DOJ says recent PGMA appointments 'legal and valid'

March 27, 2010 11:24 pm 

MANILA, March 27 — Justice Secretary Alberto C. Agra said today that all appointments in executive department posts recently made by President Gloria Macapagal-Arroyo are valid and legal, having been done in full observance of the law and the Constitution.

Agra, himself a professor of administrative law, pointed out that the presidential appointments were made on or before March 10, 2010, the last day for President Arroyo to appoint government officials without contravening the 60-day election ban on appointments.

Defending Malacanang, Agra dismissed as “bereft of legal basis” and purely “malicious talks,” criticisms questioning the legality of the presidential appointments.

“Even under the prohibitive period on presidential appointment under the Constitution, there are exemptions,” the new Justice Secretary said.

Among settled exemptions to the 60-day ban immediately prior to the next presidential election, he added, are temporary appointments to executive positions “when continued vacancies therein will prejudice public service or endanger public safety.”

“This makes the appointment of an officer-in-charge for the Department of Energy to replace Secretary Angelo Reyes, valid. Having met the condition of temporariness, it cannot be denied that the continued vacancy will prejudice public service on account of the Mindanao power crisis and the worsening El Nino phenomenon,” Agra said.

He said that having no Cabinet secretary at the helm of the Department of Energy will definitely undermine governance.

The Justice secretary also said the prohibition on midnight appointments does not cover designations, details, transfers and re-assignments because all these acts presume previous or earlier appointments.

Another exemption to the ban is the appointments in the judiciary which was affirmed by the Supreme Court in a ruling last March 17, which gave the President the legal and valid premises, should she decide, to appoint the replacement for Chief Justice Reynato Puno who will retire on May 17, 2010.

“The Supreme Court reasoned, among others, that the establishment of the Judicial and Bar Council and their subjecting the nomination and screening of candidates for judicial positions to the unhurried and deliberate prior process of the JBC, ensured that there would no longer be midnight appointments to the Judiciary,” Secretary Agra explained further on the SC appointments issue.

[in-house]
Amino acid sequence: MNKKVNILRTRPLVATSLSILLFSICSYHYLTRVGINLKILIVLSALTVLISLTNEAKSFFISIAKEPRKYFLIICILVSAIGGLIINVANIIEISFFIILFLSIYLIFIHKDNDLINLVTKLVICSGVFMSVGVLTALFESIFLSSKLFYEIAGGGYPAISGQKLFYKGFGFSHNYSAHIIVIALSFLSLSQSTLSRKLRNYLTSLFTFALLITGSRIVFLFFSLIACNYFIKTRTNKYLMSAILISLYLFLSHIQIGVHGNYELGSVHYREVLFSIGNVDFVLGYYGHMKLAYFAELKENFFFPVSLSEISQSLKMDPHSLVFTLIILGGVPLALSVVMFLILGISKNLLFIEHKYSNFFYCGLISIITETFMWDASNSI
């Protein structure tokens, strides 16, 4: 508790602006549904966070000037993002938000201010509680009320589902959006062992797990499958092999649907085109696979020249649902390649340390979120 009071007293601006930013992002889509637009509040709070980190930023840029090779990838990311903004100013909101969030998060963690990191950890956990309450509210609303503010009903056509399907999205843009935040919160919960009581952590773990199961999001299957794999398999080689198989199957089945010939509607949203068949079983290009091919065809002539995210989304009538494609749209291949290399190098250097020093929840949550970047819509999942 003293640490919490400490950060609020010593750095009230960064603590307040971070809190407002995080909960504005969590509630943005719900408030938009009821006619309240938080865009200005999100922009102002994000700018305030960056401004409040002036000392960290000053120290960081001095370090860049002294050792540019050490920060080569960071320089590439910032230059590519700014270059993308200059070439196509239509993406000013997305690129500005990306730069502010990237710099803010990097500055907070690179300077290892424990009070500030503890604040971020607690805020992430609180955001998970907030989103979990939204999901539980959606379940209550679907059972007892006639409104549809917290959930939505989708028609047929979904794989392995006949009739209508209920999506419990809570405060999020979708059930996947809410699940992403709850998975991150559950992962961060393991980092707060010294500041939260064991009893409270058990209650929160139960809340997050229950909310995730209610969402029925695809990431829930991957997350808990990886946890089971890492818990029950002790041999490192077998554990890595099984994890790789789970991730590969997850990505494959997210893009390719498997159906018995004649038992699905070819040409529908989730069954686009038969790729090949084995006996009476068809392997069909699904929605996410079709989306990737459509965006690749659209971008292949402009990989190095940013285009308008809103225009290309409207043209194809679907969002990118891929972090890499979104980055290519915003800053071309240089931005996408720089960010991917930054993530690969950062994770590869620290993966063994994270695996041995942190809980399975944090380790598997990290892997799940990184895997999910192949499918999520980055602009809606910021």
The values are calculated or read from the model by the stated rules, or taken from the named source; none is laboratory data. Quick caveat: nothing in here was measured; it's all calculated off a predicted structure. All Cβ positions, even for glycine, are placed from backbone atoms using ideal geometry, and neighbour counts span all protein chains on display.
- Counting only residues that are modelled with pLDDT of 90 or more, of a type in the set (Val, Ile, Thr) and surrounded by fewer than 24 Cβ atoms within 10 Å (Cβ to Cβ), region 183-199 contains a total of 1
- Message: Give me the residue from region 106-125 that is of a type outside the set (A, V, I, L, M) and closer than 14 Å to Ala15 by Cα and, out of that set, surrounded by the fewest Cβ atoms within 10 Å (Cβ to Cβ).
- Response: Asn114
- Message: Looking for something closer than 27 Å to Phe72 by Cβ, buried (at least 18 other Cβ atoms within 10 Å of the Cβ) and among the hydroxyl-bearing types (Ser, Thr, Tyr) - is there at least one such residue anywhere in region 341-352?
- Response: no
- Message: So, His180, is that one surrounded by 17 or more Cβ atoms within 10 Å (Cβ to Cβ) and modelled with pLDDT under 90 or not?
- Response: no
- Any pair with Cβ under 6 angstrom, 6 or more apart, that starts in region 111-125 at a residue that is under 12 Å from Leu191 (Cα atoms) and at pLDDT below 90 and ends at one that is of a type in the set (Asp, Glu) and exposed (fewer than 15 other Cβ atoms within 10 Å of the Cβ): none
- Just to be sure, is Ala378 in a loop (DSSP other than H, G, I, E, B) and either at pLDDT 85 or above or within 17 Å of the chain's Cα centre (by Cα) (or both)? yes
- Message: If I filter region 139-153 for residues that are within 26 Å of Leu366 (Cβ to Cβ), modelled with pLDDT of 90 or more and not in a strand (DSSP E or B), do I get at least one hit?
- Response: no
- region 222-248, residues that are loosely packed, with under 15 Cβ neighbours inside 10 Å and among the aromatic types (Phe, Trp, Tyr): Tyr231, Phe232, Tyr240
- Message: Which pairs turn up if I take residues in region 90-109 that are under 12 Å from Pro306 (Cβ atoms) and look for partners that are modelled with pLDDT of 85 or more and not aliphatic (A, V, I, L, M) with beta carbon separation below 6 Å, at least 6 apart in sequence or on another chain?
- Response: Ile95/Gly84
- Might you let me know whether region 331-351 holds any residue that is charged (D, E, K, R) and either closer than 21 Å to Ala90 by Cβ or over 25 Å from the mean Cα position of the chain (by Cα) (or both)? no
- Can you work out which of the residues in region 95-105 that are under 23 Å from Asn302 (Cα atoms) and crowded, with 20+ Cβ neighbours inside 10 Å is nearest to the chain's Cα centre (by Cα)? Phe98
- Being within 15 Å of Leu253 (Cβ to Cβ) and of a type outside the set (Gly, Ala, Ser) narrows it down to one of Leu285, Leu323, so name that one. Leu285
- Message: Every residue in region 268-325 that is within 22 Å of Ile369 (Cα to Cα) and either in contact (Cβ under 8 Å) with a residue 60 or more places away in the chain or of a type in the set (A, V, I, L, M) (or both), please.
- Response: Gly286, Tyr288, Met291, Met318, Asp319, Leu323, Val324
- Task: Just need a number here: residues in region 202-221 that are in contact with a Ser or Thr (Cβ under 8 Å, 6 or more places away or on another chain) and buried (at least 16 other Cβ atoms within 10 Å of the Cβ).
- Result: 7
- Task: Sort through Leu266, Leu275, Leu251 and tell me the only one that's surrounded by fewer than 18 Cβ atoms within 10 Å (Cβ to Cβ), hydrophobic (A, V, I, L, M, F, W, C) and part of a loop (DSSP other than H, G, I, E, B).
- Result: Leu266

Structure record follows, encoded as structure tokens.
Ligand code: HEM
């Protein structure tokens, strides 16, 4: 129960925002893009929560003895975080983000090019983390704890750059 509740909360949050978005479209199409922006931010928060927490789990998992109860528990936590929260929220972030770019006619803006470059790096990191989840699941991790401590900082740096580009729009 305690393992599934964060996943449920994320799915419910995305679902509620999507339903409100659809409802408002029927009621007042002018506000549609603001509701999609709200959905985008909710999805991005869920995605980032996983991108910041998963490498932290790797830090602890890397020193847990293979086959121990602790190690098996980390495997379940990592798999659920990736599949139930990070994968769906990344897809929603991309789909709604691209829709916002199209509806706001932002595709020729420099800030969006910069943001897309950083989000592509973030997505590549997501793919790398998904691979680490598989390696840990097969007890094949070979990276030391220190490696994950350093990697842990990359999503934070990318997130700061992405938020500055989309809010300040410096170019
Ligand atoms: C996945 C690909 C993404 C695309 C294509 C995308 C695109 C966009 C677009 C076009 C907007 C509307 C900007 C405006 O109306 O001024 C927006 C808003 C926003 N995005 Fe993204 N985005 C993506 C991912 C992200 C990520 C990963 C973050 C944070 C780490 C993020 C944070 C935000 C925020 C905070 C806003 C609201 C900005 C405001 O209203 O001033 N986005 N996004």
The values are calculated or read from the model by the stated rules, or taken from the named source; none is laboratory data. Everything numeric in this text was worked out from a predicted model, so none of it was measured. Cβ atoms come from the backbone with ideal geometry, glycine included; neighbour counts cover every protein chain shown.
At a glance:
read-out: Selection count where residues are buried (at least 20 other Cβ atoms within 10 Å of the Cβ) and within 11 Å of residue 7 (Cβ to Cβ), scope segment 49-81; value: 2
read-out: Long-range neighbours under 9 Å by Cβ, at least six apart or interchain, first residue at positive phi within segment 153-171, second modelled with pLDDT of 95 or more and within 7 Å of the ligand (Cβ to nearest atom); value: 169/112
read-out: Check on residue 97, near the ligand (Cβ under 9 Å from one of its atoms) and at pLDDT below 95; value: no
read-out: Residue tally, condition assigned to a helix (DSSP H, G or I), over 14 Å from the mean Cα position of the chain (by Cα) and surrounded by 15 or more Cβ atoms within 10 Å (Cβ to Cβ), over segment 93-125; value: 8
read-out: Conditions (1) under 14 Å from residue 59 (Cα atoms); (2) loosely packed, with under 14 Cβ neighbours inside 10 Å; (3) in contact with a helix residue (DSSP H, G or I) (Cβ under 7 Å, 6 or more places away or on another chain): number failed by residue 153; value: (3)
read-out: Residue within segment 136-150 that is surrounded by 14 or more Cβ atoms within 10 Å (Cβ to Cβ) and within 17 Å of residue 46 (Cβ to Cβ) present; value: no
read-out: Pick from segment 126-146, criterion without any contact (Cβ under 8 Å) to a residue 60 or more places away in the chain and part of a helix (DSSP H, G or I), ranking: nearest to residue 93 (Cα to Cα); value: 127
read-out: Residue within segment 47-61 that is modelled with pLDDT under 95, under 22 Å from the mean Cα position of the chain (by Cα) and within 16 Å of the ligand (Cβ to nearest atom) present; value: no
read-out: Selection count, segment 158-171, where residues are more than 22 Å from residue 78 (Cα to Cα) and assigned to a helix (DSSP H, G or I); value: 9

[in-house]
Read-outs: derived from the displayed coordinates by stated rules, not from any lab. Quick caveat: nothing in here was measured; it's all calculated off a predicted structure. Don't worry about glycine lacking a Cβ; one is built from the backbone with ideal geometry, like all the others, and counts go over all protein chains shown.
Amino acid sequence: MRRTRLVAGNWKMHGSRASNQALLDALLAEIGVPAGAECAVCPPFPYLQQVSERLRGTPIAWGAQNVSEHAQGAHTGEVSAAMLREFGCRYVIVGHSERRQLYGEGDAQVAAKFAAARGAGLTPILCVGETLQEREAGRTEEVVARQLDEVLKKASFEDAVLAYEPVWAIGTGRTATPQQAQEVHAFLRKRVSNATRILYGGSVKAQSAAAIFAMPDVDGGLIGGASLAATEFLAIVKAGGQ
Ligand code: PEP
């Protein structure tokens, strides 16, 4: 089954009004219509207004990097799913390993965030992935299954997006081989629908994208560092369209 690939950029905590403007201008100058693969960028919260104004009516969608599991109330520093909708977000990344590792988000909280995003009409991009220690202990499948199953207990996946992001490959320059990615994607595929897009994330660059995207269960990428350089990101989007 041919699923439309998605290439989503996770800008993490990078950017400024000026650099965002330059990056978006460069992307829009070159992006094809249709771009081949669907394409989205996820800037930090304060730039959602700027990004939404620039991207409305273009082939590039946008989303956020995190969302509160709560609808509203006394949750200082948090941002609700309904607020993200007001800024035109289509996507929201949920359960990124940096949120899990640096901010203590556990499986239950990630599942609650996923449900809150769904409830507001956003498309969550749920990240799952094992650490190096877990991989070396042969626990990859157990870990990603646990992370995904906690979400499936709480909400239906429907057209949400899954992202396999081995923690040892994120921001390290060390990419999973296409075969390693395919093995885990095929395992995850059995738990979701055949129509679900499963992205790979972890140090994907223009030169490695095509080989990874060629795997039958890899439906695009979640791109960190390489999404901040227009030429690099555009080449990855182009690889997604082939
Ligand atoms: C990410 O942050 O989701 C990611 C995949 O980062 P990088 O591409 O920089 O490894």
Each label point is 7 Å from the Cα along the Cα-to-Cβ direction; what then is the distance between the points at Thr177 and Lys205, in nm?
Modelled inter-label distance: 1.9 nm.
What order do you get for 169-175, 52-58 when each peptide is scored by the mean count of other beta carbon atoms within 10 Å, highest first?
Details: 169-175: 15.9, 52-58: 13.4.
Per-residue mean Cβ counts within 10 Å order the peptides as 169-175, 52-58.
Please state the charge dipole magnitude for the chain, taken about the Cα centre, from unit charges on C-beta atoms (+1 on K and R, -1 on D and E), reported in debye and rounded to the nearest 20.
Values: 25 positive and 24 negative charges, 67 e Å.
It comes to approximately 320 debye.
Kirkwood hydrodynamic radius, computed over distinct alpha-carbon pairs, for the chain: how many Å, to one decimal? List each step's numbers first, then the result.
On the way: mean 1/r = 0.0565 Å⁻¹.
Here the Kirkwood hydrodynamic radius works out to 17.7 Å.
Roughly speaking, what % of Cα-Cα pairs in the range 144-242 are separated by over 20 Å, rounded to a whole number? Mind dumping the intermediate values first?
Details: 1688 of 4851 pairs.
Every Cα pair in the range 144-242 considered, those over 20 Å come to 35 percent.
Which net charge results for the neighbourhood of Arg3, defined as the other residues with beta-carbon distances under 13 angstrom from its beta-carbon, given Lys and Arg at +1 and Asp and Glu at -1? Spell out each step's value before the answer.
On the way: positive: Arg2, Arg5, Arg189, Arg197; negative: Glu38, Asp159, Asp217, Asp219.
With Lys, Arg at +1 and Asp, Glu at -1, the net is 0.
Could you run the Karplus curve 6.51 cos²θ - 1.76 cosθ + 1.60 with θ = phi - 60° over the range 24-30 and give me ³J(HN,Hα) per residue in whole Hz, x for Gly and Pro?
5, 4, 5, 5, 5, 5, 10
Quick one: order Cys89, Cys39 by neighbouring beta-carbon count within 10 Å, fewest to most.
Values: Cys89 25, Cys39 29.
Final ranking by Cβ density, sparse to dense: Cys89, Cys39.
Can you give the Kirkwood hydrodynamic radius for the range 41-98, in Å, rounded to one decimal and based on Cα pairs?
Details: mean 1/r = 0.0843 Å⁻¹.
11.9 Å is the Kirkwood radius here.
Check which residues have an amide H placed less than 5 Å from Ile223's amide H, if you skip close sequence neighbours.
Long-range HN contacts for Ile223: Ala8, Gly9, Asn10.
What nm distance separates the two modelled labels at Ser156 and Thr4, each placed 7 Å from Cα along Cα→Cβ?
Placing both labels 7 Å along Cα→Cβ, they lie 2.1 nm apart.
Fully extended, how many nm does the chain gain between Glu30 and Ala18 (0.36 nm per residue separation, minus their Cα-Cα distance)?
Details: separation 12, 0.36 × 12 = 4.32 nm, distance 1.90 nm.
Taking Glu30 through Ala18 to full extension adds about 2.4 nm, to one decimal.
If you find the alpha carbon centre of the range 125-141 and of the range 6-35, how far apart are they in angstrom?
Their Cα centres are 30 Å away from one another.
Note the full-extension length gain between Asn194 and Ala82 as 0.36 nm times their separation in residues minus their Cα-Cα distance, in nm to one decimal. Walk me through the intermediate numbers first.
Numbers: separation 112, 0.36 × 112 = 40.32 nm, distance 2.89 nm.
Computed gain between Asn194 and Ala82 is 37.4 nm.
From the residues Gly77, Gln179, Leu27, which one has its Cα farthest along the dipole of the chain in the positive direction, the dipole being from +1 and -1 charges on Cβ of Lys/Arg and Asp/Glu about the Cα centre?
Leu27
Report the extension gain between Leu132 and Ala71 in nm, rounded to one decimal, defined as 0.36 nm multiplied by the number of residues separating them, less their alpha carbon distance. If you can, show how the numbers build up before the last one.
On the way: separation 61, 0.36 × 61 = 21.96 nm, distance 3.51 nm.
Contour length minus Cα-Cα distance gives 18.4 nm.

Agra said the prohibition “applies only to the act of the President which is to appoint, and does not extend to other acts which are part of the overall appointment process." He was referring to events subsequent to the actual appointment, such as transmittal of the appointment papers and oath-taking.

“Please bear in mind that the appointing authority of the President in these cases of recent presidential appointments are absolute, as opposed to subjecting the same to assent or confirmation of another body,” the Justice secretary said.

“It is long settled in the law of public officers that where the power of appointment is absolute, and the appointee has been determined upon, no further consent or approval is necessary, and the formal evidence of the appointment, the commission, may issue at once. Thus, the transmission of appointment papers, the acceptance of the appointment and the administration of oaths are clearly subsequent appointment processes, and do not in any way affect the appointing authority of the President,” Secretary Agra explained. (PNA)



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